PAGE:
A Call for Help From A Cystic Fibrosis Patient Directed at the Canadian Government

Marten Devlieger’s sister Karen, a cystic fibrosis patient, died of the disease at the age of thirty-three. According to a recent article in CTV News Canada, Marten was also diagnosed with the fatal disease at two years of age.

Marten has spent many years of fundraising and advocating for cystic fibrosis awareness. But as of the latter part of 2019, when the Vertex Pharmaceutical drug Trikafta was approved in the United States, he changed his focus.

Marten is making every effort to appeal to the provincial and federal governments of Canada for immediate action on behalf of cystic fibrosis patients. Each Canadian province will decide independently whether the drug will be covered. It may be several months before the drug approval process even begins.

According to B.C. PharmaCare, people in charge of providing data to support the efficacy of the drug have in fact provided insufficient evidence. Another factor that B.C. PharmaCare might find problematic is the cost of the drug which is about $300,000 per year.

About Trikafta

 Trikafta is a combination of elexacaftor, tezacaftor, and ivacaftor fixed-dose tablets combined plus ivacaftor tablets for people over the age of twelve. The drug Trikafta is used to treat people with one or more copies of a mutation called F508del the most common CF mutation.

About Cystic Fibrosis (CF)

The DNA “letters” in a gene spell out instructions to make a protein. If the protein is not made correctly, it can lead to a myriad of problems.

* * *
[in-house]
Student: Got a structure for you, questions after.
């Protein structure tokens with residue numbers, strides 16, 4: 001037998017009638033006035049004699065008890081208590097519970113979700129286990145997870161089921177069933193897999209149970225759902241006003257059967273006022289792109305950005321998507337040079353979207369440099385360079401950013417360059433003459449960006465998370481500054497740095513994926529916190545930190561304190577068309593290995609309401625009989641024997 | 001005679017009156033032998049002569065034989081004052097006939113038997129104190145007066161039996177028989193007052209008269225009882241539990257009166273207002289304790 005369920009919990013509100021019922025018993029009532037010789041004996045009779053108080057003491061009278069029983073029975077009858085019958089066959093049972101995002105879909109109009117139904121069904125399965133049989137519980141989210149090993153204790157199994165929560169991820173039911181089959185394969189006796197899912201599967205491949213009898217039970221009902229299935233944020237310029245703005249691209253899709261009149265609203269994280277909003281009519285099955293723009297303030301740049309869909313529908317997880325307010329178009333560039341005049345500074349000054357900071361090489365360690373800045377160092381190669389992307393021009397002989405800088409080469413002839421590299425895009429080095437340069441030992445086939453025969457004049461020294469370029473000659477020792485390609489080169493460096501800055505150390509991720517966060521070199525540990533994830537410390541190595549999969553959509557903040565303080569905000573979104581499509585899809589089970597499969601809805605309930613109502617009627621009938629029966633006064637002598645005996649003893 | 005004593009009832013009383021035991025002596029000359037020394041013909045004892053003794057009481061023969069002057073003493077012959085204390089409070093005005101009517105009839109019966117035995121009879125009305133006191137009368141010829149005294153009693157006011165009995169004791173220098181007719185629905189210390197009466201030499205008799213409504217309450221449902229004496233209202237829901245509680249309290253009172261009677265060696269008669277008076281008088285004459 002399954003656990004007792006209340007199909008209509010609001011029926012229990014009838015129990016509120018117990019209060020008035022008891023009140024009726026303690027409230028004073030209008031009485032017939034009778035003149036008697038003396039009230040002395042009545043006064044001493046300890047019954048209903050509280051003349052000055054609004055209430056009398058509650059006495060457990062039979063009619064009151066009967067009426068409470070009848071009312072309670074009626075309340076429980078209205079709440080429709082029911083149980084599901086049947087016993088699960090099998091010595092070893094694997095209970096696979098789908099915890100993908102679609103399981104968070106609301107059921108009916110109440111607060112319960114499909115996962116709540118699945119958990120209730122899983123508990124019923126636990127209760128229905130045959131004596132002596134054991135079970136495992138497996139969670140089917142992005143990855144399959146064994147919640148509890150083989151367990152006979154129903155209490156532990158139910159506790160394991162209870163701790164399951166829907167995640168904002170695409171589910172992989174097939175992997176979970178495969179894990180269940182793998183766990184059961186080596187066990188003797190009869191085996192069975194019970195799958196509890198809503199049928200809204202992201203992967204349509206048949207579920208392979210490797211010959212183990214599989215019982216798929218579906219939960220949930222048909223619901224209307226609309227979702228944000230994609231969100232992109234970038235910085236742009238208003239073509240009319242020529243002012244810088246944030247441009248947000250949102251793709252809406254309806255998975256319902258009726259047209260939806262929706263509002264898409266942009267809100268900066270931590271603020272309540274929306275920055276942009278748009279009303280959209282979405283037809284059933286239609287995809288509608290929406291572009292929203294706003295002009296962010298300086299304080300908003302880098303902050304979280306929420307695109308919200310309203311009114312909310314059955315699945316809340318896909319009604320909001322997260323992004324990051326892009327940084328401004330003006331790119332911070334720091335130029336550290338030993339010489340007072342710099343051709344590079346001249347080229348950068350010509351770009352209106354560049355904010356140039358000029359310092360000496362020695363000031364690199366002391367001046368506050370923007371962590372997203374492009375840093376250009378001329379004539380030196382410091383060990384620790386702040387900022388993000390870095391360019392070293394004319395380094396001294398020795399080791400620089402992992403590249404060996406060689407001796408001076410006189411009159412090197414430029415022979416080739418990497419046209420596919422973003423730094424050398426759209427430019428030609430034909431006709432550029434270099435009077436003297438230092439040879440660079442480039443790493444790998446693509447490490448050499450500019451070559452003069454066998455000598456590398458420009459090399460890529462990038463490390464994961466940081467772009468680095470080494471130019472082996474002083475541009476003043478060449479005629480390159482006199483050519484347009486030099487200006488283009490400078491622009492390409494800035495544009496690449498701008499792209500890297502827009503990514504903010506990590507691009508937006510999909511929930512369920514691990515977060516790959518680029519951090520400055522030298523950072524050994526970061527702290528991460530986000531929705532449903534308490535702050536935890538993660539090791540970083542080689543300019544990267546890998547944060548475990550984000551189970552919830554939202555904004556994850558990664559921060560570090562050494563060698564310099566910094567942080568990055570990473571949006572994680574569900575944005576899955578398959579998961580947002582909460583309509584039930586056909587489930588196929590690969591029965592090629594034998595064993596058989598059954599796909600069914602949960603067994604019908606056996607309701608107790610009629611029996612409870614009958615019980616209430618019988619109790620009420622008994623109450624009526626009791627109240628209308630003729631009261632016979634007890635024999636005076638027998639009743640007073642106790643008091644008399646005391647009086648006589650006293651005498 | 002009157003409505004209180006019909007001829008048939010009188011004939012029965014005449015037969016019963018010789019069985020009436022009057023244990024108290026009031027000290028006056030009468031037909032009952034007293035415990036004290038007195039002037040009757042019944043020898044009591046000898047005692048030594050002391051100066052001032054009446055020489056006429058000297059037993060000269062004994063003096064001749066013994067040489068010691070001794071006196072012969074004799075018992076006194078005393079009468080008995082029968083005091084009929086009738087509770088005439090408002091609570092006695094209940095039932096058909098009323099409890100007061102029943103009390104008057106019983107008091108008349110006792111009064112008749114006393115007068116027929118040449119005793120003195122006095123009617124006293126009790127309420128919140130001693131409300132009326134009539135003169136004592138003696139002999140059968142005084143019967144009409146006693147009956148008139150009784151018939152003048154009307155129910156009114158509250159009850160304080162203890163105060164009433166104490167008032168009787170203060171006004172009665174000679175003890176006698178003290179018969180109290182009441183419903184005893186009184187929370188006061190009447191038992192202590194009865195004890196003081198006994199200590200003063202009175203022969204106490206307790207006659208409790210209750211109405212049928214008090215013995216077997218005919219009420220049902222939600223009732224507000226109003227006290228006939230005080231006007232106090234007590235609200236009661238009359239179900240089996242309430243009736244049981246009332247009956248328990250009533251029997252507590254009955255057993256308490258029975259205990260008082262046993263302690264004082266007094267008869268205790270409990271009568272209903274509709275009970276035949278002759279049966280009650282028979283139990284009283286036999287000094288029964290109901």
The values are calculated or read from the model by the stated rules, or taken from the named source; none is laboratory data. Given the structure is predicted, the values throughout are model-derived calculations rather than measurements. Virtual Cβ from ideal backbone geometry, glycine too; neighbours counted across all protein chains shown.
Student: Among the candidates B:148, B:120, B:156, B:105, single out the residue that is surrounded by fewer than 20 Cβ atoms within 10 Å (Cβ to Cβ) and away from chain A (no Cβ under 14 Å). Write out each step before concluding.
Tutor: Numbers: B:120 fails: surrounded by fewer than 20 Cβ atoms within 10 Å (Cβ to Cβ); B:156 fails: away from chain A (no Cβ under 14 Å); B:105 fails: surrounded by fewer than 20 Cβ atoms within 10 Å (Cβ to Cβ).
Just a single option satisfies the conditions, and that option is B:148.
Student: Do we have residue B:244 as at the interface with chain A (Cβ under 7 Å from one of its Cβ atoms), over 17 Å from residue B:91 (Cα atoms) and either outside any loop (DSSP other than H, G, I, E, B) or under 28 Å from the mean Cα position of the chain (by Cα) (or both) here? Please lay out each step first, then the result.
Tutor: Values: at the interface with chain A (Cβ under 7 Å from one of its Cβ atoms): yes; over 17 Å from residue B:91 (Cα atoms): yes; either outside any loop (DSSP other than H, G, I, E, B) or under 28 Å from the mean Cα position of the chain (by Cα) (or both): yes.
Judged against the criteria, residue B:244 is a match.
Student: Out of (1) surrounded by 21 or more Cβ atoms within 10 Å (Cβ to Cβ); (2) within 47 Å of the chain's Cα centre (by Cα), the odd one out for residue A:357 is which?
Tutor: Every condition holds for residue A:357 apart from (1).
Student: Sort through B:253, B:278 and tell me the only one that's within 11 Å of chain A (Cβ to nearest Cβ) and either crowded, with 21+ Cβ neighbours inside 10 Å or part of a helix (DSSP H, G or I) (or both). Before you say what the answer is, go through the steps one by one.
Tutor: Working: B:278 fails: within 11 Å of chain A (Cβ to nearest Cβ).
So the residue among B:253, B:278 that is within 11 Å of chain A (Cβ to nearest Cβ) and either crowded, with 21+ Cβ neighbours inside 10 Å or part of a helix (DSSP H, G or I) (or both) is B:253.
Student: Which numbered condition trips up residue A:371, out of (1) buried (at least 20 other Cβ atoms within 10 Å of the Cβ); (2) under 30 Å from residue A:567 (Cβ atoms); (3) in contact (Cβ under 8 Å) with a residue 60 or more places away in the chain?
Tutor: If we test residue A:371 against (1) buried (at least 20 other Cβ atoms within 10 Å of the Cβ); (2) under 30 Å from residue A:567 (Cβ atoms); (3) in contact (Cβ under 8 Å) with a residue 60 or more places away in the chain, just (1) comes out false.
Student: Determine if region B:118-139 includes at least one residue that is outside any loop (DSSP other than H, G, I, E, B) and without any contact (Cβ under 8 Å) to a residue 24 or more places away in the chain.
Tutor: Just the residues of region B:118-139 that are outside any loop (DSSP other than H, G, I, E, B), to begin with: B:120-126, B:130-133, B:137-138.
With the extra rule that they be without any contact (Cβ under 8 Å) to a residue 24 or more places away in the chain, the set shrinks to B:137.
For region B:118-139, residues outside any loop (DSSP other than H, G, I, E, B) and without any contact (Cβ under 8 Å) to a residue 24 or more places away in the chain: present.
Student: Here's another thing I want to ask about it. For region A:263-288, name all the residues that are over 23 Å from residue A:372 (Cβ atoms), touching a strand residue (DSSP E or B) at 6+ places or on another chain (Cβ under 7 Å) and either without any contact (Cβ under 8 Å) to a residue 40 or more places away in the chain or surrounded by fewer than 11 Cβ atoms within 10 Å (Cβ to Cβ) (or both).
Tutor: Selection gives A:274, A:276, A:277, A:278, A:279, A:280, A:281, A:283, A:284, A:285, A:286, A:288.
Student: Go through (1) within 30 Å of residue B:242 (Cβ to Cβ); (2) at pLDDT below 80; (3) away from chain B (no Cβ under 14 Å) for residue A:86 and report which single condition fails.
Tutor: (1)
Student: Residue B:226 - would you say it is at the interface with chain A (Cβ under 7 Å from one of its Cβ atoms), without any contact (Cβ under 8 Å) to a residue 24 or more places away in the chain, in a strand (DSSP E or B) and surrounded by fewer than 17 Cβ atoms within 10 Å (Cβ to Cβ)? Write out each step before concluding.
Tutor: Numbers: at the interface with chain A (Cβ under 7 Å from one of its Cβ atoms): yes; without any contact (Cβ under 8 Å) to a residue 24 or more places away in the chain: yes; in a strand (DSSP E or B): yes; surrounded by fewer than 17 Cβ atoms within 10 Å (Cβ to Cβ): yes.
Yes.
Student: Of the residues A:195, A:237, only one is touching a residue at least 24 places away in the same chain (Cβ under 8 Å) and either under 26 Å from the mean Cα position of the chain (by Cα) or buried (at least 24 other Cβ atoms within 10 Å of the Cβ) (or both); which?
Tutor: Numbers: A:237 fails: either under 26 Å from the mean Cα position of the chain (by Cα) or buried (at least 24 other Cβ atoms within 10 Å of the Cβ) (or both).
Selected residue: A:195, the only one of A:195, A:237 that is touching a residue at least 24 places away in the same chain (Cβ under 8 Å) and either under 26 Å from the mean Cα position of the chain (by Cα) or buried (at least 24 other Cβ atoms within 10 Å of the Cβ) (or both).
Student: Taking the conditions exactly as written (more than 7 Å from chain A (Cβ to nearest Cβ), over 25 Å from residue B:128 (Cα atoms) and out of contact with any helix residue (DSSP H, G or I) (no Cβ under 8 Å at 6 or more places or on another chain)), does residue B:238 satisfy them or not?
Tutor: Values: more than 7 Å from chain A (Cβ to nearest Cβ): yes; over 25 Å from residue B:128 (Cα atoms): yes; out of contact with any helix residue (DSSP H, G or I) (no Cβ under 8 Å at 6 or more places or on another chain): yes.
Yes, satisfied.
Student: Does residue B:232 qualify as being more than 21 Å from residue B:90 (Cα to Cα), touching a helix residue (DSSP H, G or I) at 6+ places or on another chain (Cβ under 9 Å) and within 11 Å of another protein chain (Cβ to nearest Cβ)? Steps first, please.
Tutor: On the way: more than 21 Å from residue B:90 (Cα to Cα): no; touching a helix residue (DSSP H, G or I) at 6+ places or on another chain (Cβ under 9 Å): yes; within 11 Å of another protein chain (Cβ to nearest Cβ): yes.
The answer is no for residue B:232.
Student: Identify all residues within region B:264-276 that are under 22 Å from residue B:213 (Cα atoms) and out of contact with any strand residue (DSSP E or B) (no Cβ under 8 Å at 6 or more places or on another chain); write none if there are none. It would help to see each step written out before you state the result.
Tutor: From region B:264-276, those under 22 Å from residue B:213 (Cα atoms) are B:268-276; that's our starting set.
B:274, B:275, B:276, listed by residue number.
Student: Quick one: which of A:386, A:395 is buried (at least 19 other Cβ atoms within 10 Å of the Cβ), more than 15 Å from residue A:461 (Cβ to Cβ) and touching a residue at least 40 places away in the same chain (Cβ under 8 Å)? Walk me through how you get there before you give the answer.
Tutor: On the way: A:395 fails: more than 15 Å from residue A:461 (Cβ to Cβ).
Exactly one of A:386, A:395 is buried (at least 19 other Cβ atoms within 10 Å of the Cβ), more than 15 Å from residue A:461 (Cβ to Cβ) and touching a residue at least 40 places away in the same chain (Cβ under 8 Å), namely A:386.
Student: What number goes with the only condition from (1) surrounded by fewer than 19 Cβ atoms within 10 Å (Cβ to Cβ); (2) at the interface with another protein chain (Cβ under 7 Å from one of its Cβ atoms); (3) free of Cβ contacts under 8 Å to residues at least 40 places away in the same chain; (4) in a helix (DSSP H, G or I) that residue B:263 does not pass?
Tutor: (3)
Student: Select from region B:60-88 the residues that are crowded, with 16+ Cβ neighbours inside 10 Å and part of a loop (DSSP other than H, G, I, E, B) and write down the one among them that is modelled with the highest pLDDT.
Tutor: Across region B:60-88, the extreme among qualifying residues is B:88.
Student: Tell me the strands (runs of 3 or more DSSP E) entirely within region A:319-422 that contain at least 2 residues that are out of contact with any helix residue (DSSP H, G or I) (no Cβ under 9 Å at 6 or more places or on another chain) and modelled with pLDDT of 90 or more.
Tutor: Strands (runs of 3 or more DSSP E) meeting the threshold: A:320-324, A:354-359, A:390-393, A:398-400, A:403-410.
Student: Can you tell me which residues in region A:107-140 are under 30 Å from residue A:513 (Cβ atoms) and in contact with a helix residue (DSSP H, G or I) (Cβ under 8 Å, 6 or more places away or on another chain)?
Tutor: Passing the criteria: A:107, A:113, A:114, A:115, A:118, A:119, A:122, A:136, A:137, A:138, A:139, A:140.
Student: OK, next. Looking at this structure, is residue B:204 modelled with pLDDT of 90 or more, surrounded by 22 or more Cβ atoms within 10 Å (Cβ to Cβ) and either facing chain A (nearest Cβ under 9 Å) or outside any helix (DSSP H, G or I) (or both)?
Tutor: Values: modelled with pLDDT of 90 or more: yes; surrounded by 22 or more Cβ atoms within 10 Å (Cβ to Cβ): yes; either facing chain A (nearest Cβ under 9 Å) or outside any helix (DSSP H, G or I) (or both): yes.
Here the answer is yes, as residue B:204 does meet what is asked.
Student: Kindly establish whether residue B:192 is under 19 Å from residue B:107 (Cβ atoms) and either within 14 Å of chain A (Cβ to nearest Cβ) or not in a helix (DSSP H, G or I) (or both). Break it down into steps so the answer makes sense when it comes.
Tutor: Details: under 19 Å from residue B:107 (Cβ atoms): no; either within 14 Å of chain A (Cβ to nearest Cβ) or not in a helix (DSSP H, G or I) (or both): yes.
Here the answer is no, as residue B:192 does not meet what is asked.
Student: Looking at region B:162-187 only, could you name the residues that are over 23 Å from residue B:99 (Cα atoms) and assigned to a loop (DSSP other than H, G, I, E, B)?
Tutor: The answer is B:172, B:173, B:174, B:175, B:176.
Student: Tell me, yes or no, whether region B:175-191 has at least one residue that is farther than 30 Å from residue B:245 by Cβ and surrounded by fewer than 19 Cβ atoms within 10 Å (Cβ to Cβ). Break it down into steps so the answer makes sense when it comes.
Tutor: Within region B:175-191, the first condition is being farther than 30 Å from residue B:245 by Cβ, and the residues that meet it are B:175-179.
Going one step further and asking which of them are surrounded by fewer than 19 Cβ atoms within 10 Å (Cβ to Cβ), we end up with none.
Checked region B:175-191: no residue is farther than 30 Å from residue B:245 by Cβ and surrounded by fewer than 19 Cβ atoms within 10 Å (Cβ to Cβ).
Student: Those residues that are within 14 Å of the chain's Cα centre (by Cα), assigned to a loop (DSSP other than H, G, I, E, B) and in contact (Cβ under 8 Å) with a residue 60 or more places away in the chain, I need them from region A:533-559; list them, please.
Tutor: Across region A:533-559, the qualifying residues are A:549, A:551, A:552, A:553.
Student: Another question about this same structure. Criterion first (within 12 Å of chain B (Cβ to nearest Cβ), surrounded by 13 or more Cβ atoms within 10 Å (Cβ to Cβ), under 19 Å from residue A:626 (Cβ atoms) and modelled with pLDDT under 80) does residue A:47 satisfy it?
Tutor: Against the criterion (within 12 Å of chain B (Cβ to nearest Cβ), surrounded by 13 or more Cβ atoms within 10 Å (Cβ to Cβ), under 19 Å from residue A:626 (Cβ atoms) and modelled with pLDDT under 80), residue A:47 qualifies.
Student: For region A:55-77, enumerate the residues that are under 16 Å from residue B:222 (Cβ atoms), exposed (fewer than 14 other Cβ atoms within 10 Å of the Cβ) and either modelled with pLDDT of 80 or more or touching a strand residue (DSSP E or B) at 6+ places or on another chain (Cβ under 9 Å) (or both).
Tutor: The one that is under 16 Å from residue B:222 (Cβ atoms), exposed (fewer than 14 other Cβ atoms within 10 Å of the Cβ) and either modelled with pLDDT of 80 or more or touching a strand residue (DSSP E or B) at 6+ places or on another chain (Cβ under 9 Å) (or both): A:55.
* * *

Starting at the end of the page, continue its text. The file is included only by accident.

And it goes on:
This is the case with the genetic disorder cystic fibrosis. CF occurs when the cystic fibrosis transmembrane conductance regulator (CFTR) protein is not made correctly or when it is not made at all. CF causes lung infections and severe lung damage. The eventual result is respiratory failure.

The CFTR gene has over seventeen hundred mutations. CF patients usually have two copies of the CFTR gene, one from each parent.

Approximately 4,300 Canadians have been diagnosed with CF. According to the Cystic Fibrosis Foundation, life expectancy for patients is about fifty-two years.

Marten explained that there are so many CF patients that are extremely ill. He wants to speak out now on their behalf while he is still well enough to get this critical message out to the public and to the government.

 


 

 

Rose Duesterwald

Rose Duesterwald

Rose became acquainted with Patient Worthy after her husband was diagnosed with Acute Myeloid Leukemia (AML) six years ago. During this period of partial remission, Rose researched investigational drugs to be prepared in the event of a relapse. Her husband died February 12, 2021 with a rare and unexplained occurrence of liver cancer possibly unrelated to AML.

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